To spiff up its image, the Association of Trial Lawyers of America is considering changing its name to the American Association for Justice.
"You asked us to fight back against the attacks on the civil justice system. We are now doing that - with a national public education and communications campaign to educate the public on the value of the civil justice system and the lawyers that work in it," wrote ATLA president Ken Suggs to members last month.
Suggs said he was proud to be a trial lawyer. "But the name of our association must be about what we do, not who our members are," he wrote.
In June, ATLA's board of governors voted 91-5 to recommend the name change, according to Suggs' letter. ATLA members will vote on the proposal when they gather for an annual convention in Seattle July 15-19.
Skeptics view the maneuver as a PR ploy and doubt that a name change will reflect a shift in the spirit or purpose of the organization.
"If a shark called itself a kitten fish I would still not put my daughter in to play with it," said Victor Schwartz, president of the American Tort Reform Association.
Schwartz said if trial lawyers are interested in battling injustice, he "would love to talk with them."
He said he would welcome the opportunity to discuss forum shopping, limits on damages and joint liability, for instance.
"They want to run from the name of what they are," he said. "They do trial work."
Schwartz said he understood why trial lawyers opted for a name change years ago from ATLS (American Trial Lawyers Society). The organization's icon was Atlas holding up the world. But he doesn't get why they want to part with the term "trial lawyer."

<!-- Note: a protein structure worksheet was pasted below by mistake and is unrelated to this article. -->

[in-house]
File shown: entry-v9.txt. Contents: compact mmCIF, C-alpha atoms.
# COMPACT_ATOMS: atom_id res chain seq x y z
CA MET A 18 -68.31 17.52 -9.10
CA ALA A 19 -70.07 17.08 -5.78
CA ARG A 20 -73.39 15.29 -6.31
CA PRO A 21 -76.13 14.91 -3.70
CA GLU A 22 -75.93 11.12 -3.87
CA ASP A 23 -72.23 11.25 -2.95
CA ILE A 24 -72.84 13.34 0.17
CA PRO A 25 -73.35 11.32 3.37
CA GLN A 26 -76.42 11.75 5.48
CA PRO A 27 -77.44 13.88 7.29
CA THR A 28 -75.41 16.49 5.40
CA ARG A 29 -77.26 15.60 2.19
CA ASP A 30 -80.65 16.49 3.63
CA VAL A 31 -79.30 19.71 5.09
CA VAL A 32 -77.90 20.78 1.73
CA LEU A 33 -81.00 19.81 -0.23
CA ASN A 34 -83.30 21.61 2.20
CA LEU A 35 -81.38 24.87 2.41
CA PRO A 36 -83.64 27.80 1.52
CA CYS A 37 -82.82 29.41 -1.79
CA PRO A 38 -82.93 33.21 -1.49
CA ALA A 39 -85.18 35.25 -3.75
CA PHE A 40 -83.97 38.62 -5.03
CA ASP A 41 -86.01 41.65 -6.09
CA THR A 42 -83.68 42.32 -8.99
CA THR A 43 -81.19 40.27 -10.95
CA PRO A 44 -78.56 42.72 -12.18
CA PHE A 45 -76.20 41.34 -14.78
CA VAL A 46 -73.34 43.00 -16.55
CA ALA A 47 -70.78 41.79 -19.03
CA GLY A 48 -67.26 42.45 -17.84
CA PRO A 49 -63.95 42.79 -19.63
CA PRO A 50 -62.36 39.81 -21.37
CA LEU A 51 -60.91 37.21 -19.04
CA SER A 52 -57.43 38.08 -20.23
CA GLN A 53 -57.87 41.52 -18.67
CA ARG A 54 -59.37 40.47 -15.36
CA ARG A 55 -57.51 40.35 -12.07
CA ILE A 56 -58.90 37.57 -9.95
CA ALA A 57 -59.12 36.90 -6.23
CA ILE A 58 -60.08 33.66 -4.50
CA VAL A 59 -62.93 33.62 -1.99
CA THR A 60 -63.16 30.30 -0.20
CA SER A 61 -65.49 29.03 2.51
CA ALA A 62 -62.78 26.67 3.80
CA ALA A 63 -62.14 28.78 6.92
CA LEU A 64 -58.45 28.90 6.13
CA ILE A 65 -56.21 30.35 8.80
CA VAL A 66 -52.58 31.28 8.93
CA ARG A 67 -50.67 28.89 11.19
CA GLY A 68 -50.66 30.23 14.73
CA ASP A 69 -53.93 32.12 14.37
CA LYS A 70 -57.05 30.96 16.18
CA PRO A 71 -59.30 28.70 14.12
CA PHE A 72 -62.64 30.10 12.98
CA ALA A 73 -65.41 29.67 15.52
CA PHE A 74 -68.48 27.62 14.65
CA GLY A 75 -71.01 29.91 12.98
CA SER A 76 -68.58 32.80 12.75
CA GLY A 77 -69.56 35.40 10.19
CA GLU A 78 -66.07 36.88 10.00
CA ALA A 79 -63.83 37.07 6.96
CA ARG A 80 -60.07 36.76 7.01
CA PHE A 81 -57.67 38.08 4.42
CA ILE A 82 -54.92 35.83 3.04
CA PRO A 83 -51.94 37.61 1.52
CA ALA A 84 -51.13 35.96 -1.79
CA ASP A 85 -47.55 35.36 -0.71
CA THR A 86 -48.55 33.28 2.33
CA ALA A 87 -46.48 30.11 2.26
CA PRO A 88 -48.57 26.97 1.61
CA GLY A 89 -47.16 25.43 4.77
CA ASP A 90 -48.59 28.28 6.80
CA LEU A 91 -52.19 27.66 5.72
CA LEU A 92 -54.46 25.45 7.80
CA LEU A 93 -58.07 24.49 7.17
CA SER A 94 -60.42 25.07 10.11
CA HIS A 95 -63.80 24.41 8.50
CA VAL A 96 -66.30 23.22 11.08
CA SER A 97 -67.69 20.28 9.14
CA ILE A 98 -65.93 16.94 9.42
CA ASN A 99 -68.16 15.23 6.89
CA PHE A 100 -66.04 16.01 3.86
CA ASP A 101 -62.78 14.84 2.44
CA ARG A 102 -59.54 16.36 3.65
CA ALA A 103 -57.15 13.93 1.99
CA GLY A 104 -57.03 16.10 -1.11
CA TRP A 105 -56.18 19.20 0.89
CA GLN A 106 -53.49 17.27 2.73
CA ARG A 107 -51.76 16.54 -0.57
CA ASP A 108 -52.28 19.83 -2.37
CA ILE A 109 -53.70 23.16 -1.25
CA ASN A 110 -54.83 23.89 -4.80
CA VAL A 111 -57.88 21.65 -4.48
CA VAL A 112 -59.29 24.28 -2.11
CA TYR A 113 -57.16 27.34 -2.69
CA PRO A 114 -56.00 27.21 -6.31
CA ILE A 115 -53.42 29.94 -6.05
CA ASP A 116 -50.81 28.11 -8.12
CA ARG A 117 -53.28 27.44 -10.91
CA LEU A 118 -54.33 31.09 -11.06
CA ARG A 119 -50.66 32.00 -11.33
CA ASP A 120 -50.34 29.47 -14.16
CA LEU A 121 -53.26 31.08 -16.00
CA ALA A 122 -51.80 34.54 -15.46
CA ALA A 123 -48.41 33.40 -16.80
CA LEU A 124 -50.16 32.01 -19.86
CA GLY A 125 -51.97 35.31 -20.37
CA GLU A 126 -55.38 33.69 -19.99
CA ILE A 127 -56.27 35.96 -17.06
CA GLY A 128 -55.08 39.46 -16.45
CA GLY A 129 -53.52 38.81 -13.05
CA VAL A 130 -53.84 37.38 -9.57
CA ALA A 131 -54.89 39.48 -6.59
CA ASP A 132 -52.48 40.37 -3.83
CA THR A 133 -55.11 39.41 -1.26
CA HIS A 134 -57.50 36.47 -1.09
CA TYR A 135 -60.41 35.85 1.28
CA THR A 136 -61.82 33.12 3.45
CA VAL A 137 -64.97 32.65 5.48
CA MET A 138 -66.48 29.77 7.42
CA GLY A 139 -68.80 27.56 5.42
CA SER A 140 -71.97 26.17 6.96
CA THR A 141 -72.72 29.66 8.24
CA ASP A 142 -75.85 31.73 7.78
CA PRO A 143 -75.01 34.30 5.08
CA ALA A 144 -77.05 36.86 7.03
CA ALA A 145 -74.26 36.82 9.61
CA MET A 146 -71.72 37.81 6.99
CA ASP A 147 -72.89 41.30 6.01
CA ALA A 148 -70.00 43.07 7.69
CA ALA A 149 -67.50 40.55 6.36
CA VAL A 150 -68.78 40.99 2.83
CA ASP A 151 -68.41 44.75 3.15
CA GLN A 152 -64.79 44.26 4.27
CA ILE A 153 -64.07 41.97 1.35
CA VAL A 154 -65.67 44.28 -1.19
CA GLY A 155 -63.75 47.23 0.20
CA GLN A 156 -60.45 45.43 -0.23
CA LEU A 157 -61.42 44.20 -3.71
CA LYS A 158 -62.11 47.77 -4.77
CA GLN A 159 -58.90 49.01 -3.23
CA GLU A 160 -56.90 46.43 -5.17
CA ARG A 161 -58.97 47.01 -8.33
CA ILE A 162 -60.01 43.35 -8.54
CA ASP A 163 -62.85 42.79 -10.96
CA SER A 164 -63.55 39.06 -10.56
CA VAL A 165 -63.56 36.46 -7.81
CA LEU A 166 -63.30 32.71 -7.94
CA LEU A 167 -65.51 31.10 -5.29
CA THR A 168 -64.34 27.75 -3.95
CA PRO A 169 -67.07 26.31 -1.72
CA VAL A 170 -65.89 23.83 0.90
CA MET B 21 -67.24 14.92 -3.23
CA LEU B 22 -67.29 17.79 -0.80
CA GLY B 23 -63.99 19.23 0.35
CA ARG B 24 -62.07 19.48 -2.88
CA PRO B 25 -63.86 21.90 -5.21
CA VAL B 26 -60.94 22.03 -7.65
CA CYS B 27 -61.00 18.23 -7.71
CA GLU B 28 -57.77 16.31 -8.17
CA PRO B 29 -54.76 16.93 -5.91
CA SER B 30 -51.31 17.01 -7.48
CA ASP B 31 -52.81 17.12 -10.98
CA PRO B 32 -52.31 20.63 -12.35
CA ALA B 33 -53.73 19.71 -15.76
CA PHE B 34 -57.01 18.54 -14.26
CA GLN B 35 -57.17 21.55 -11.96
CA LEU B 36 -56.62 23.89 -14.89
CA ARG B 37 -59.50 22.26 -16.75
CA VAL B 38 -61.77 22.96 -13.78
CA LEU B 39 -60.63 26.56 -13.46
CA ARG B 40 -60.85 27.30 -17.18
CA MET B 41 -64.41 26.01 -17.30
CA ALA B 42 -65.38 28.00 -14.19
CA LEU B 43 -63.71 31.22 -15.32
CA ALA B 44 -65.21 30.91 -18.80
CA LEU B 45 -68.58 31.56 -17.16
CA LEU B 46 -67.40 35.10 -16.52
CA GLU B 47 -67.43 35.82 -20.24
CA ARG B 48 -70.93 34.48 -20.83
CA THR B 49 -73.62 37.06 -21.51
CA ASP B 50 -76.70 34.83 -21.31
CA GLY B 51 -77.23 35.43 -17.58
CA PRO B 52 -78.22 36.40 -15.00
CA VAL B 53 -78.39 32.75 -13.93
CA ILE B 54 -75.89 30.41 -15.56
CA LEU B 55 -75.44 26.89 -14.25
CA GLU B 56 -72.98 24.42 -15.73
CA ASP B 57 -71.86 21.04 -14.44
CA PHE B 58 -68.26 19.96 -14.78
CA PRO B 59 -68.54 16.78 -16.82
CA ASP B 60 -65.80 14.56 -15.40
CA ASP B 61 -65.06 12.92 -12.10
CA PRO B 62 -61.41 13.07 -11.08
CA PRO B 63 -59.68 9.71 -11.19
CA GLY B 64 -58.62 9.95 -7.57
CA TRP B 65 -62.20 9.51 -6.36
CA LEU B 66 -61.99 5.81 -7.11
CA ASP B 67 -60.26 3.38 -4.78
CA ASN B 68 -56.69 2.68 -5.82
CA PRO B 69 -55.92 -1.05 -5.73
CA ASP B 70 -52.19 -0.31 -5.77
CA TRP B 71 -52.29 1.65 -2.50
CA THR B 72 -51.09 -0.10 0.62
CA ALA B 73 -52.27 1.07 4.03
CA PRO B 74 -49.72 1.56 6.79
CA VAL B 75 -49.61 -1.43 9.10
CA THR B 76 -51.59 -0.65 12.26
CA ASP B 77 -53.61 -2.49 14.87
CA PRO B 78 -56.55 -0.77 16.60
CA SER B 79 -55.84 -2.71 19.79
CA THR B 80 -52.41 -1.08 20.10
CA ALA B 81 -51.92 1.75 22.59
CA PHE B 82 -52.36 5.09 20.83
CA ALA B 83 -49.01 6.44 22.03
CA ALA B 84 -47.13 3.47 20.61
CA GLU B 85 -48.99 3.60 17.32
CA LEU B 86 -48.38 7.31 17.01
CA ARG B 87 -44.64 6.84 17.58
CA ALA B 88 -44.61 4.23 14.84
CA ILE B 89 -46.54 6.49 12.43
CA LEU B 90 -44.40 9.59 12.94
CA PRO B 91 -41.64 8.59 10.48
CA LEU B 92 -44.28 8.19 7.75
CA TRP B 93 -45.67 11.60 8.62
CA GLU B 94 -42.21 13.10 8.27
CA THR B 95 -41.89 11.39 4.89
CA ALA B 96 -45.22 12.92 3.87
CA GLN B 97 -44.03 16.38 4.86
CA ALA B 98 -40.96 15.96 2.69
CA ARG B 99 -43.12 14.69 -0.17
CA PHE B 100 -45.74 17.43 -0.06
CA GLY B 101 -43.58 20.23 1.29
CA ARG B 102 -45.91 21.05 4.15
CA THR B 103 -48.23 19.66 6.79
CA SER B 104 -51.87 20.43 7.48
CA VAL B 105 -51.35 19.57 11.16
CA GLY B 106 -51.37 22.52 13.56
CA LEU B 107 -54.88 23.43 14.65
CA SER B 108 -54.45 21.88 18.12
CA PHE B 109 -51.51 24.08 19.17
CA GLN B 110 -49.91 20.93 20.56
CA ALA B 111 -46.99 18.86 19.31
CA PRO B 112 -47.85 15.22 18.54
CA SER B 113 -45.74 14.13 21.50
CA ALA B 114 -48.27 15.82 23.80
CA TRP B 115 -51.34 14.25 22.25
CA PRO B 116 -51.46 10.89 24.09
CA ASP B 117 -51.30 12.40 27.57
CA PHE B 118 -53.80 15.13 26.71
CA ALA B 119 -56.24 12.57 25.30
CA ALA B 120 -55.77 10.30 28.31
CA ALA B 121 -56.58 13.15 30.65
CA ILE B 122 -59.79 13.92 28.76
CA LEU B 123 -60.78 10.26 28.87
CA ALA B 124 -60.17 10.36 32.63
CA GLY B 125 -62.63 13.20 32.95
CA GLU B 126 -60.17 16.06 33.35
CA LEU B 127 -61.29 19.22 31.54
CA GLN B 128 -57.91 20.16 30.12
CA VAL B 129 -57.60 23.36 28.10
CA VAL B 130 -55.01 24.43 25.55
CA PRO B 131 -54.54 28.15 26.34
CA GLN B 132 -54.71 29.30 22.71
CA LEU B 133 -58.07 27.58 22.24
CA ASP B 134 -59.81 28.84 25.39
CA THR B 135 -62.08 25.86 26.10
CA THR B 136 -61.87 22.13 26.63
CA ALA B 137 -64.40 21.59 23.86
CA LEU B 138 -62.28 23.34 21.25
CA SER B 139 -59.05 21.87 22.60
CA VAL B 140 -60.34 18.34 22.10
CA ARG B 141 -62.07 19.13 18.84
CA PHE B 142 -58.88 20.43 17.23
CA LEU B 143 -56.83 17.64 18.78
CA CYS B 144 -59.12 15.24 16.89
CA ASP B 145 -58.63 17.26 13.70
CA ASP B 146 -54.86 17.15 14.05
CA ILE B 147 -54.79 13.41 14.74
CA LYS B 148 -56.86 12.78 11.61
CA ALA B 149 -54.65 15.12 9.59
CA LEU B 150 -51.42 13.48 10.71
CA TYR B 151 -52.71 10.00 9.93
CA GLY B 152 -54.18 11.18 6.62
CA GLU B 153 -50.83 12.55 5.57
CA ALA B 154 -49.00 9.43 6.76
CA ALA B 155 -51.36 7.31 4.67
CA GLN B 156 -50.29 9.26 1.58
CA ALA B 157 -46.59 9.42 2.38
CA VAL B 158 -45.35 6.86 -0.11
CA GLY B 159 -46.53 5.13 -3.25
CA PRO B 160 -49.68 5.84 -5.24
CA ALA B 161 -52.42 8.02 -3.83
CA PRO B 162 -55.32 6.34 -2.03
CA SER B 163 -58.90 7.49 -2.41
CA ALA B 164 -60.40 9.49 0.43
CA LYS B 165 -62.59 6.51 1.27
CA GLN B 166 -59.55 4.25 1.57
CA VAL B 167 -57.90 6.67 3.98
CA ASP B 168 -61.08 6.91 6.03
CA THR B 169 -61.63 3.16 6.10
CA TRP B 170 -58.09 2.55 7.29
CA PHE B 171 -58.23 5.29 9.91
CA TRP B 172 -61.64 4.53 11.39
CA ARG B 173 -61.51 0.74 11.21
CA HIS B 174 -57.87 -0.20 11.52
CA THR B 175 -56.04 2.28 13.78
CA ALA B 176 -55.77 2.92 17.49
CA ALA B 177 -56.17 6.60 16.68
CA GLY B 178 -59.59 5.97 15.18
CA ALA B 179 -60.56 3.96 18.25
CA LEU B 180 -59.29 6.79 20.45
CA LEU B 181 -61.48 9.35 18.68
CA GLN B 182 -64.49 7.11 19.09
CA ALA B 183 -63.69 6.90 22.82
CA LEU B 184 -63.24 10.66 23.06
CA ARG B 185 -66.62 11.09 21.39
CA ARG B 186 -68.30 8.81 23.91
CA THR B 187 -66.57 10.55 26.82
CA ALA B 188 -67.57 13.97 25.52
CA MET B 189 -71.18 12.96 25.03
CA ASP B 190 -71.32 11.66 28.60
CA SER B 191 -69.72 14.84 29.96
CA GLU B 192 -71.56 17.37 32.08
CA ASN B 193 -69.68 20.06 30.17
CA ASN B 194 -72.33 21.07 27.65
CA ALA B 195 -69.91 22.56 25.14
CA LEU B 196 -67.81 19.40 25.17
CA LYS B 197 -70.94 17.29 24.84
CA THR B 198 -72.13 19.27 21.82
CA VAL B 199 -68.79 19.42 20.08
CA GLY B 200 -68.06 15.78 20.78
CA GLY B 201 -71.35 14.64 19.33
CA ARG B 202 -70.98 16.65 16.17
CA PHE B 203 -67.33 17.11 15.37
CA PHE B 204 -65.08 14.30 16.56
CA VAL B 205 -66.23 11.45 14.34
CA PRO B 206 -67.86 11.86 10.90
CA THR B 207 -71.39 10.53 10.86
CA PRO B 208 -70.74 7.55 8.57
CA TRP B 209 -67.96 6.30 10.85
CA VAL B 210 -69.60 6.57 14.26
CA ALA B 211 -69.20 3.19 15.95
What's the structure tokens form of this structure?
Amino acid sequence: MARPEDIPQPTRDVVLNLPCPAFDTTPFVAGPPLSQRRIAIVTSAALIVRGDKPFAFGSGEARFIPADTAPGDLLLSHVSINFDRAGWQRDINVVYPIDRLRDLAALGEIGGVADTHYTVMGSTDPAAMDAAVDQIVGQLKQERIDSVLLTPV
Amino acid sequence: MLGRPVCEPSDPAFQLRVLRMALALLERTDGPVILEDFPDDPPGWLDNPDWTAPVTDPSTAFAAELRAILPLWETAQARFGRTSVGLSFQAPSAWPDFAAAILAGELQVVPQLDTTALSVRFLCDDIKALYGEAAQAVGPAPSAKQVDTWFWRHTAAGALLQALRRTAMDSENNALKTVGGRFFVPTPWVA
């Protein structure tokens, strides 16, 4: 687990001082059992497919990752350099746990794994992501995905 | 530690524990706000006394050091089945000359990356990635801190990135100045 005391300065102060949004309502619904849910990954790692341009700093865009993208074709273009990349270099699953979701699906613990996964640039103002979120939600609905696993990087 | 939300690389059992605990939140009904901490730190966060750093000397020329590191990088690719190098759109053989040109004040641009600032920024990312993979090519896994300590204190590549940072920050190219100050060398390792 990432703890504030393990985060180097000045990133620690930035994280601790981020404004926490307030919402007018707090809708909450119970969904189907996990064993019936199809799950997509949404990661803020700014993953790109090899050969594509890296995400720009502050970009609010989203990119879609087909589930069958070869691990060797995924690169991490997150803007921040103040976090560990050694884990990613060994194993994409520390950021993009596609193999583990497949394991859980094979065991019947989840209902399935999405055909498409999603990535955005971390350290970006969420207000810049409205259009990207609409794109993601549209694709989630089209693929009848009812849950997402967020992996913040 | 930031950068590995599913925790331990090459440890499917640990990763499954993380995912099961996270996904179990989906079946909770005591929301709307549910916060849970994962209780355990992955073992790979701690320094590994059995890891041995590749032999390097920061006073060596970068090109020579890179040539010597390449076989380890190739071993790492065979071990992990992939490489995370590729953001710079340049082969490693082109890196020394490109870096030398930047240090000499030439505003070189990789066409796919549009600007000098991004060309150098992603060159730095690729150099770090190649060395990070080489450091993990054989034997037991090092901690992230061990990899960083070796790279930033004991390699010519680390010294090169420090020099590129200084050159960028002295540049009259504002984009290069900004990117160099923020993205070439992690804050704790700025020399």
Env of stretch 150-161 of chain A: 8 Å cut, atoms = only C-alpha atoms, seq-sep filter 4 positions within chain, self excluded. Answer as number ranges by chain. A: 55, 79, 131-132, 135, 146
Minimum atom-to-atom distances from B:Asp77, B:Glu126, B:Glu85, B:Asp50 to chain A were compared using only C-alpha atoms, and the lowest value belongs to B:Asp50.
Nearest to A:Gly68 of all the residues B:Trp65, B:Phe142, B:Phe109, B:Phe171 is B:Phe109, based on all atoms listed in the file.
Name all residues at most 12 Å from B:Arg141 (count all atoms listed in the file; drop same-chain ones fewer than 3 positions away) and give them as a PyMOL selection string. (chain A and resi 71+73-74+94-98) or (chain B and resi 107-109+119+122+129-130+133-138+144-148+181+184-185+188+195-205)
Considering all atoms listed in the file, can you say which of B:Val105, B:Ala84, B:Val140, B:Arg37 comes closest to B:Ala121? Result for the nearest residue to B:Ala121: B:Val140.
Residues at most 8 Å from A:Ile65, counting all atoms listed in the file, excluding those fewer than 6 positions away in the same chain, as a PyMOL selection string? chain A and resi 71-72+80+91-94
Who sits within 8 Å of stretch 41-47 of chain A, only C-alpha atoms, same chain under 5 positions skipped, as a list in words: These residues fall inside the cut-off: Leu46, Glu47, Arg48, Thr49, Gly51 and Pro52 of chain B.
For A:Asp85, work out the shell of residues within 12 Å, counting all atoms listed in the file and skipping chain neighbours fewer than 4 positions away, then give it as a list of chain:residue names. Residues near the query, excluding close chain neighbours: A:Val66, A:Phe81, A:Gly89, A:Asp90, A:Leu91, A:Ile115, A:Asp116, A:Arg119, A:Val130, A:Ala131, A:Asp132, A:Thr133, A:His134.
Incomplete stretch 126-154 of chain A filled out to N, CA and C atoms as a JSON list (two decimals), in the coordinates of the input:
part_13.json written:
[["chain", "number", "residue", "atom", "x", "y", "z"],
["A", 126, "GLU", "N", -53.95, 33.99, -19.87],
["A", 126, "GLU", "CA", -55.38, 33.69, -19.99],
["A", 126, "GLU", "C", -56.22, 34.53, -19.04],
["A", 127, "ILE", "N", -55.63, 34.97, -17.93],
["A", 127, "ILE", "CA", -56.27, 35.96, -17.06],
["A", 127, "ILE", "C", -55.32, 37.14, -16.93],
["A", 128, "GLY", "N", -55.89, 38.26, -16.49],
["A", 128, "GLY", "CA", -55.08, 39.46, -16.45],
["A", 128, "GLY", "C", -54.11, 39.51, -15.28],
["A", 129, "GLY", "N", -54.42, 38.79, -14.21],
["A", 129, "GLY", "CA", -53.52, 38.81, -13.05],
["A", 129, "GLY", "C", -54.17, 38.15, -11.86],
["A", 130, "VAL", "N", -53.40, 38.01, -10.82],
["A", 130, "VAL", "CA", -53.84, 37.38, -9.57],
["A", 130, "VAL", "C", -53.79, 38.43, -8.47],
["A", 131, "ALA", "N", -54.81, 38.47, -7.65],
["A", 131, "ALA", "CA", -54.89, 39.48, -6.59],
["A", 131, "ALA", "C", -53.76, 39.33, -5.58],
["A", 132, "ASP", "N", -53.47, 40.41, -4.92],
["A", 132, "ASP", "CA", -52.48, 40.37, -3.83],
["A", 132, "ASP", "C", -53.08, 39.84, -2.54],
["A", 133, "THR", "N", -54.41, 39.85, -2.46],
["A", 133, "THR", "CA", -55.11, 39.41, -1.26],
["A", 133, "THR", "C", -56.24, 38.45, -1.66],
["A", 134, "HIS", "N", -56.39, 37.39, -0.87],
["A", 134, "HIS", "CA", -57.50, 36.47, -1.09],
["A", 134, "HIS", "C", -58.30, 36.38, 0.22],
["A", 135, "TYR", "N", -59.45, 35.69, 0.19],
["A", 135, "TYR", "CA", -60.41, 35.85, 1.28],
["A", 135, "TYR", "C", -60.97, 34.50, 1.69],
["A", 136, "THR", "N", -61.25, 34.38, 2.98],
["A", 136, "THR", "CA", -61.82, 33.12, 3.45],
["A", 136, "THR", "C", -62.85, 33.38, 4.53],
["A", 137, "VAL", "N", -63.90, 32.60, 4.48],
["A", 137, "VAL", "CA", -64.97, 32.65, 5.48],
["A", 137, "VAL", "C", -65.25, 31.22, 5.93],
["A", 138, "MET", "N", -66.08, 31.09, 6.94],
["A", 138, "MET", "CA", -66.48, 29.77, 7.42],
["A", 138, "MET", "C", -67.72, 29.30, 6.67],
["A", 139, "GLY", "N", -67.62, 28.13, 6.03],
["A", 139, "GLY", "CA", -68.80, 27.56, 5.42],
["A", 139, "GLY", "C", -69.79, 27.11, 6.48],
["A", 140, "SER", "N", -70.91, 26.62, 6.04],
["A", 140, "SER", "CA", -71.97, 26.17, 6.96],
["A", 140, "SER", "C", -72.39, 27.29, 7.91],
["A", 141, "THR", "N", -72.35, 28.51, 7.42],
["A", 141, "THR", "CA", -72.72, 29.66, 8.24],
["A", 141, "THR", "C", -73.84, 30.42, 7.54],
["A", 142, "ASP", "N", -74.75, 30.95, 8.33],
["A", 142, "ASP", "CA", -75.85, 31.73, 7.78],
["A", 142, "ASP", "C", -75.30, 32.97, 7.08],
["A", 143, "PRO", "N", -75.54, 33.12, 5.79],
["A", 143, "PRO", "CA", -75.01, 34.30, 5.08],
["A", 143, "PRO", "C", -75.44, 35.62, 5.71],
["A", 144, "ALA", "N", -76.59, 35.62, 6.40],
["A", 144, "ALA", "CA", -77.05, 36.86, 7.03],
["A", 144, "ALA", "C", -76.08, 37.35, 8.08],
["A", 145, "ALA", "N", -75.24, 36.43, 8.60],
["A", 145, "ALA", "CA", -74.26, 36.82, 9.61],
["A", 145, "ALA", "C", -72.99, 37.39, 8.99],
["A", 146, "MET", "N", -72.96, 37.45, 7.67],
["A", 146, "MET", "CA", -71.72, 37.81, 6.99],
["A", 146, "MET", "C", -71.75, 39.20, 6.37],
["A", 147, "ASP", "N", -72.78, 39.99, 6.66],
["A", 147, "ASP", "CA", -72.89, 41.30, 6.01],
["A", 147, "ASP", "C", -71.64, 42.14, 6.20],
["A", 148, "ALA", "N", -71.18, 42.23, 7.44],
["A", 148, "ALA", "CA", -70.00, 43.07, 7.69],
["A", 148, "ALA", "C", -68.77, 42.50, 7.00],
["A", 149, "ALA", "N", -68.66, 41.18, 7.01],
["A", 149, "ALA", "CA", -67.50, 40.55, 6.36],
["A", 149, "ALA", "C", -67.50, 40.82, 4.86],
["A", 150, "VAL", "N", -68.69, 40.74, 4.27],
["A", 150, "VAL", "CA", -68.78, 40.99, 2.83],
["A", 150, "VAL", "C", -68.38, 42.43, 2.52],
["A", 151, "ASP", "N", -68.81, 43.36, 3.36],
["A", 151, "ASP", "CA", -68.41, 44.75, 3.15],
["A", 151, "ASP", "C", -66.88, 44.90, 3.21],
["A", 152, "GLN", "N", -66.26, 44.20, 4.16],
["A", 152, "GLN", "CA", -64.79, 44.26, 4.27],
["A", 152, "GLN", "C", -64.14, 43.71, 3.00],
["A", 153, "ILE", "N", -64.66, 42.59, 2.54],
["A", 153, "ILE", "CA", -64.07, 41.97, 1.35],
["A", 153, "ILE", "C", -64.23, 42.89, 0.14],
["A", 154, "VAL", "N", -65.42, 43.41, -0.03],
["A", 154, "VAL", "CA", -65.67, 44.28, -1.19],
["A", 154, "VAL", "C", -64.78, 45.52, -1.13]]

"It isn't a bad name," Schwartz said.
Suggs told members that ATLA launched a communications campaign last year and conducted research on how to reframe the civil justice debate. He also said that national professional organizations change their names "all the time."
"We're making a difference with the media, driving our storyline, hitting back with ads on television and in newspapers, using new media like the internet and blogs to target new audiences and taking the fight to the home turf of our opponents in Congress," Suggs wrote.
"The insurance companies, the big oil and drug companies and their CEOs have spent billions of dollars to define us over the last 50 years. I know you've seen the result of their smear campaign," he wrote.
"The goal of our campaign is to tell the public the true story about who we are and what we are fighting for. Doing so requires redefining how the public sees us as well as how they see our opponents. We know from our research that if our message is or seems to be only about helping lawyers, we lose. But the public wins if this is about fighting to level the playing field, holding corporate wrongdoers accountable, and ultimately fighting for justice."